Dreazen lives in Washington with his wife, Annie Rosenzweig Dreazen, and their beloved Golden Retriever, Charlie.
Britain is out. Germany is out. Turkey is talking tough but giving no indication that it’s prepared to back up its words with action. With the Obama administration hinting that it’s preparing to strike Syria within days, there’s just one country that seems ready to take part in a military intervention: France, a country long mocked for perceived weakness.
White House officials insist that President Obama is still weighing whether to order limited U.S. missile or air strikes against targets within Syria and gave no indication of when he might reach a decision. One thing has become clear in recent days, however. The U.S., should Obama should to intervene, will be acting almost entirely alone.
On Thursday, the British parliament handed Prime Minister David Cameron a humiliating defeat by voting down a motion that would have authorized the use of military force in Syria. German Foreign Minister Guido Westerwelle told the Neue Osnabrücker Zeitung newspaper that Germany hadn’t been asked to part in a strike "and neither are we contemplating it." Turkey, which had earlier expressed a willingness to intervene in Syria without UN approval, has been conspicuously silent in recent days as the prospect of a U.S.-led strike has drawn closer.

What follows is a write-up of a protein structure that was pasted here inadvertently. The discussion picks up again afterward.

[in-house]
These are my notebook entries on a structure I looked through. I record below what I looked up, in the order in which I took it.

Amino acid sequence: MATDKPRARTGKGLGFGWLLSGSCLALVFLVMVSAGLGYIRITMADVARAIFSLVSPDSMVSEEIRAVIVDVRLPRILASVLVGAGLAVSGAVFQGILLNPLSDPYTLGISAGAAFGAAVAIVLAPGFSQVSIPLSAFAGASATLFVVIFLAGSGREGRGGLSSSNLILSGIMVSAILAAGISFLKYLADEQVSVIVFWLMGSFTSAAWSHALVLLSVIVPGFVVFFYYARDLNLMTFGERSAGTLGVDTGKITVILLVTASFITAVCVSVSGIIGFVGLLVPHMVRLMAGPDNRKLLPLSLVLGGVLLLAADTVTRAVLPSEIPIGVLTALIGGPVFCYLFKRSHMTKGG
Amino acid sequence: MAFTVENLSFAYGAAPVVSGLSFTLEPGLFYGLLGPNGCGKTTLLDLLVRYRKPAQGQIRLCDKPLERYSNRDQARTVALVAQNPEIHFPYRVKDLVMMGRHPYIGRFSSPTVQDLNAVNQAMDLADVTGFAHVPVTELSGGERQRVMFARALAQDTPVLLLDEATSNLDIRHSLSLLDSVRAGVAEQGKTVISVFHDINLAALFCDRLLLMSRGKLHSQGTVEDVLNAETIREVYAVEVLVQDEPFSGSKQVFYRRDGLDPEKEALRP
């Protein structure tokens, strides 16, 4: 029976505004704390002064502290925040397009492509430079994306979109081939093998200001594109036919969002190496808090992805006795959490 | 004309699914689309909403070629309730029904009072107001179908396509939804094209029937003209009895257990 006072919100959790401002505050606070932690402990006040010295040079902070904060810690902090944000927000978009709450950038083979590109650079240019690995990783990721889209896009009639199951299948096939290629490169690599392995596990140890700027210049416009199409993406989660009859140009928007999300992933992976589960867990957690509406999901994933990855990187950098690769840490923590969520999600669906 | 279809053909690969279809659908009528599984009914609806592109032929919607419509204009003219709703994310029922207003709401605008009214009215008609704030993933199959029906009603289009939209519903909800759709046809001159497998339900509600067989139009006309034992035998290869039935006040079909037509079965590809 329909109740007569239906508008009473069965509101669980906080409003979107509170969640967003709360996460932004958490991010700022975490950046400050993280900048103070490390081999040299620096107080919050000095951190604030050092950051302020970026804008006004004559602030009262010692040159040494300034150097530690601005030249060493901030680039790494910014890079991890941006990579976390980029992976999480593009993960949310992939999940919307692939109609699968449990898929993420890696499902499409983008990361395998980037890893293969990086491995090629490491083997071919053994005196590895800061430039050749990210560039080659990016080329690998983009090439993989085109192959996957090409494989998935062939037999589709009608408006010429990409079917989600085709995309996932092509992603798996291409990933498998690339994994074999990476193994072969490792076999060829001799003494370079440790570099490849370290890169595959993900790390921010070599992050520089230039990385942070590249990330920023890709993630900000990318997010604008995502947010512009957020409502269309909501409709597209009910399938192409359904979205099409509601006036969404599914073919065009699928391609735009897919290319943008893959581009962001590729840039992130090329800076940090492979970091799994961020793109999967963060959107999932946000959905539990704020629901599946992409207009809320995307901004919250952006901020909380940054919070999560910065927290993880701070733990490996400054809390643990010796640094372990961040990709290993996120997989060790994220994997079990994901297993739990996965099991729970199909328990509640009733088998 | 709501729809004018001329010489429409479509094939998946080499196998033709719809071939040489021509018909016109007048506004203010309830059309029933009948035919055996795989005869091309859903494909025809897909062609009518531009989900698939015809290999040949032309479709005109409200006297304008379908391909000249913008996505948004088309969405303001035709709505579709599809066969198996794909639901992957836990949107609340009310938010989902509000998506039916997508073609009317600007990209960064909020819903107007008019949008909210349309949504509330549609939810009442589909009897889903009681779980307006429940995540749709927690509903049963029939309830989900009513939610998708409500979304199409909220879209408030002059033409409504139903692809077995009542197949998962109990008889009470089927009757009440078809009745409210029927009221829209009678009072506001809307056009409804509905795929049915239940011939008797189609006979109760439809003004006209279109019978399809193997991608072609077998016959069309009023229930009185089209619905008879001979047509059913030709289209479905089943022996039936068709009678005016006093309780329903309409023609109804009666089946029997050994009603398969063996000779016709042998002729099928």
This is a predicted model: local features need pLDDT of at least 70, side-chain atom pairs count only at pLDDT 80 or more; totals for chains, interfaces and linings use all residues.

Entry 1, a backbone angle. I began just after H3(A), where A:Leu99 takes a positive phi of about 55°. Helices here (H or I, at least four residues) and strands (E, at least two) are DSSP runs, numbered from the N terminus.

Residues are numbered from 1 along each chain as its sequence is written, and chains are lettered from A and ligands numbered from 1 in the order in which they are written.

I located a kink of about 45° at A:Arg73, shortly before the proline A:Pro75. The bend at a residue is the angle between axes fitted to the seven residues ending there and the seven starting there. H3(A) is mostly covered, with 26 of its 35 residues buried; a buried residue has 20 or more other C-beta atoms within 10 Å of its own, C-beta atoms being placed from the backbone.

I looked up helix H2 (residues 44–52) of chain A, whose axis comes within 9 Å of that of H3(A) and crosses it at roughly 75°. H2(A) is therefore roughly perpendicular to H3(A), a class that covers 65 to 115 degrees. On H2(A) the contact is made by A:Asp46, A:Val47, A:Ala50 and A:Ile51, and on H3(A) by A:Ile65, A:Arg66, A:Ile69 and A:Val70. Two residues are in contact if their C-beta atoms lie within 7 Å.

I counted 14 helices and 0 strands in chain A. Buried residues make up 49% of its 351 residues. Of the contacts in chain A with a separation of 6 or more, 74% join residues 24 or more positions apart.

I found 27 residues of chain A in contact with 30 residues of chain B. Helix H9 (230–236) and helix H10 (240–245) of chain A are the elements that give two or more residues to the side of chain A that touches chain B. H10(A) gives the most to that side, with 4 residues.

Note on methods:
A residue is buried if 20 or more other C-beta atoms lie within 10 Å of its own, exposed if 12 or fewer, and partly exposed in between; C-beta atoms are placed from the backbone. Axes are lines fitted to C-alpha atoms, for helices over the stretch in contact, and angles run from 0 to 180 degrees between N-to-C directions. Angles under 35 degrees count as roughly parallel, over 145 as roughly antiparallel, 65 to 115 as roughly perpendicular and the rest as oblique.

France has been the lone exception. On Friday, French President François Hollande told Le Monde that the chemical weapons attack outside Damascus "must not go unpunished" and that France was "prepared to punish" Assad for the strike. Hollande, unlike Cameron, could order a strike without parliamentary approval, and his muscular language suggested he was prepared to do just that.